And I didn't care.

Damn did we have a good time! So much food and drink, and new people to meet. And then...the dancing. Now. Gabe is one of those people who claps on one and three. He has NO rhythm. And while I DO have rhythm, I haven't been much of a dancer for years, for some reason I don't really understand myself. I used to go clubbing in high school (all ages night--a euphemism for underage girls welcome so grown men can try to get with them!) and in college, at least for my first year or so. At some point I became more self conscious; I didn't like getting any attention at clubs, and I didn't dance as much. For years I dated a man who danced with me in the kitchen of my apartment. We were too broke to go to the club, and that was more fun anyway. Gabe and I took some ballroom dance lessons when we first got married, and mostly it just made us frustrated.

So no one was as surprised as I was when we spent hours on the dance floor together, Gabe enthusiastically showing the world about his lack of rhythm and his love for me, and me dancing for real for a change. I laughed at him, he laughed at himself. He bumped into people and sometimes turned me the wrong way. We were one of those cheesy lovey dovey couples that annoys people most of the time, except at weddings, where it's ok.

That was it--I was going to write about that. About that moment I couldn't see two and a half years ago when I went to a wedding wearing a tight black dress, when I would be happy, when I would weigh a few pounds more because I wasn't too anxious and terrified to eat, when my hair was pointless, and I wasn't thinking about the death part of till death do us part and I could look back and know that when illness and suffering happened, we would make it through.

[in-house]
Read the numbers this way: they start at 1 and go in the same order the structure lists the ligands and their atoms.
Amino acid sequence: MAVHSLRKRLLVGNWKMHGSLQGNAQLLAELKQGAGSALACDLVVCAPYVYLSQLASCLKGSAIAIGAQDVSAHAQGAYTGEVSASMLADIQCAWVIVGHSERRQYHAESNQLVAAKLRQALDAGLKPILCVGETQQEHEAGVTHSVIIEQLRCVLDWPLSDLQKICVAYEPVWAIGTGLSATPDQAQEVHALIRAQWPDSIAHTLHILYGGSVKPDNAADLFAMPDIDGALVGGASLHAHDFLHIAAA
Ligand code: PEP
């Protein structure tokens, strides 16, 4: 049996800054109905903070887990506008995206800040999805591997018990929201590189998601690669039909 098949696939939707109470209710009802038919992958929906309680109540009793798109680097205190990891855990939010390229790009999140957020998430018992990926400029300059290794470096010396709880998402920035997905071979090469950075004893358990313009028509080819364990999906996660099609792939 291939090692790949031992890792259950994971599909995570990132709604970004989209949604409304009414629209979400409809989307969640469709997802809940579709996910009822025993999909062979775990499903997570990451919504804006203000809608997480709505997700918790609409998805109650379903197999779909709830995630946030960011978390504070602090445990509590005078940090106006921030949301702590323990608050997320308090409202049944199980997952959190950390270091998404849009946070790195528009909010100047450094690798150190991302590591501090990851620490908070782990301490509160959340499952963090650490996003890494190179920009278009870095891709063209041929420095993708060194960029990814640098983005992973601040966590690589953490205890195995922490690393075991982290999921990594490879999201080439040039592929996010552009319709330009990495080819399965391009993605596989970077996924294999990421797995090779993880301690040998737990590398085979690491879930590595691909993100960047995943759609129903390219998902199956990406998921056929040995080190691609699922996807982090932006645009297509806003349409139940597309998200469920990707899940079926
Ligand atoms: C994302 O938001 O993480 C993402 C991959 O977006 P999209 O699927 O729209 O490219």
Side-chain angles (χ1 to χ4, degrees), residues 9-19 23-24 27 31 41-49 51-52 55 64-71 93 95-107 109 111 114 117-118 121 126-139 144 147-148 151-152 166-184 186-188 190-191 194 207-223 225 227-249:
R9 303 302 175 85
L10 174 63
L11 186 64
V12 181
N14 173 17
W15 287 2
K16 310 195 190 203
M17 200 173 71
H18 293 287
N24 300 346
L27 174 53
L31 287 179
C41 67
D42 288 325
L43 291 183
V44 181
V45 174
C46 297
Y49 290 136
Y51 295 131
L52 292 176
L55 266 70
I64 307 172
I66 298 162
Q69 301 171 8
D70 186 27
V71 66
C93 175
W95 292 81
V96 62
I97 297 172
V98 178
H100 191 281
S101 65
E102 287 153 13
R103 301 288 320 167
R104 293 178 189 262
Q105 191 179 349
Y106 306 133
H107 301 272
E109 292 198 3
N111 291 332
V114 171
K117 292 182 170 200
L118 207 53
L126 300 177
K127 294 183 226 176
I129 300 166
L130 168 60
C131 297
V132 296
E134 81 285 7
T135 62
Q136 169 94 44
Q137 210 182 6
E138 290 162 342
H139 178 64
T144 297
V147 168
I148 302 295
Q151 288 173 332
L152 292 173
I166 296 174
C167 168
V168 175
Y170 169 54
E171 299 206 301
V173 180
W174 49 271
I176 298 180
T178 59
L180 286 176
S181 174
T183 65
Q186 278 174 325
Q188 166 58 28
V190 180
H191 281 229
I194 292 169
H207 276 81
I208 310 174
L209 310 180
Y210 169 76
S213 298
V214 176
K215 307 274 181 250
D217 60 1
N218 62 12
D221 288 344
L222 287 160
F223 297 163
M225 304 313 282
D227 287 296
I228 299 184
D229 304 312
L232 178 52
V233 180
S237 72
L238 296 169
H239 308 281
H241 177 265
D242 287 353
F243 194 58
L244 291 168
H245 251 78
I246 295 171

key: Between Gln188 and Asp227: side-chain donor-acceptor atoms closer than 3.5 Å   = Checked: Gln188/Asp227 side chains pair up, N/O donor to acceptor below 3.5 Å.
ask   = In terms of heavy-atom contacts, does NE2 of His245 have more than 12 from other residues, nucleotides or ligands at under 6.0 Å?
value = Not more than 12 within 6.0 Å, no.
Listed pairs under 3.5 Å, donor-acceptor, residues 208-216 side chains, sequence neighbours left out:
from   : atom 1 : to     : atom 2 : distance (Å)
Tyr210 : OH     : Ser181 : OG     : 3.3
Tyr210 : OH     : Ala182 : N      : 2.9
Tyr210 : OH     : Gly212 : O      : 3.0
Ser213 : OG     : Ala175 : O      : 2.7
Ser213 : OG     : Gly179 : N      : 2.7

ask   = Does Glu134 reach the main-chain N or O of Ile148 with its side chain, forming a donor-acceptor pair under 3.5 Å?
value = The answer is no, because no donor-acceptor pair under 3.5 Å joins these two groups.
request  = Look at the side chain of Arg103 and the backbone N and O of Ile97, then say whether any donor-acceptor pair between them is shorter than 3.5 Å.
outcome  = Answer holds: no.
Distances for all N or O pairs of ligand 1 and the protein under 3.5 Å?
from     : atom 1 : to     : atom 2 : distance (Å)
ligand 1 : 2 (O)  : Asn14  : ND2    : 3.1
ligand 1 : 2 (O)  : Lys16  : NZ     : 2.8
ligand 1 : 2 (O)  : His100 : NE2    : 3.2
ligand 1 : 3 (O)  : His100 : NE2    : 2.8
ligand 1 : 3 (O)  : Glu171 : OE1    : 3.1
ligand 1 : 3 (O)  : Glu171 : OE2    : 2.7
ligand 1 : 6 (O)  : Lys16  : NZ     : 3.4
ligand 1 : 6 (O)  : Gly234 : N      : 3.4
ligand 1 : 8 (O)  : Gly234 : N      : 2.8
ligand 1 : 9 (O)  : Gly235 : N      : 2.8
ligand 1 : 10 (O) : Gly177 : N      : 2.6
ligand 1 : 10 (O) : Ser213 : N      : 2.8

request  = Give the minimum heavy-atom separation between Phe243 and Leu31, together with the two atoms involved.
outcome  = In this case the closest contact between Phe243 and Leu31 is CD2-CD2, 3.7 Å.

It just doesn't seem that important, though. Life is both a tragedy and a comedy. It is big and small. There is always something more joyous happening somewhere else, and something more horrifying. The horrifying is the only one worth worrying about, because it can provide some perspective and help us to help others through the world. And life is also, for me, a story.

Some wonderful stories are born of real tragedy. And you all know that I read the last line first, lest I don't make it to the end. This is why I sometimes don't know why I say things, because what I wanted to say has already been said, often so well that it isn't worth trying to beat:

the last lines of The Bridge of San Luis Rey by Thornton Wilder:

But soon we shall die and all memory of those five will have left the earth, and we ourselves shall be loved for a while and forgotten. But the love will have been enough; all those impulses of love return to the love that made them. Even memory is not necessary for love. There is a land of the living and a land of the dead and the bridge is love, the only survival, the only meaning.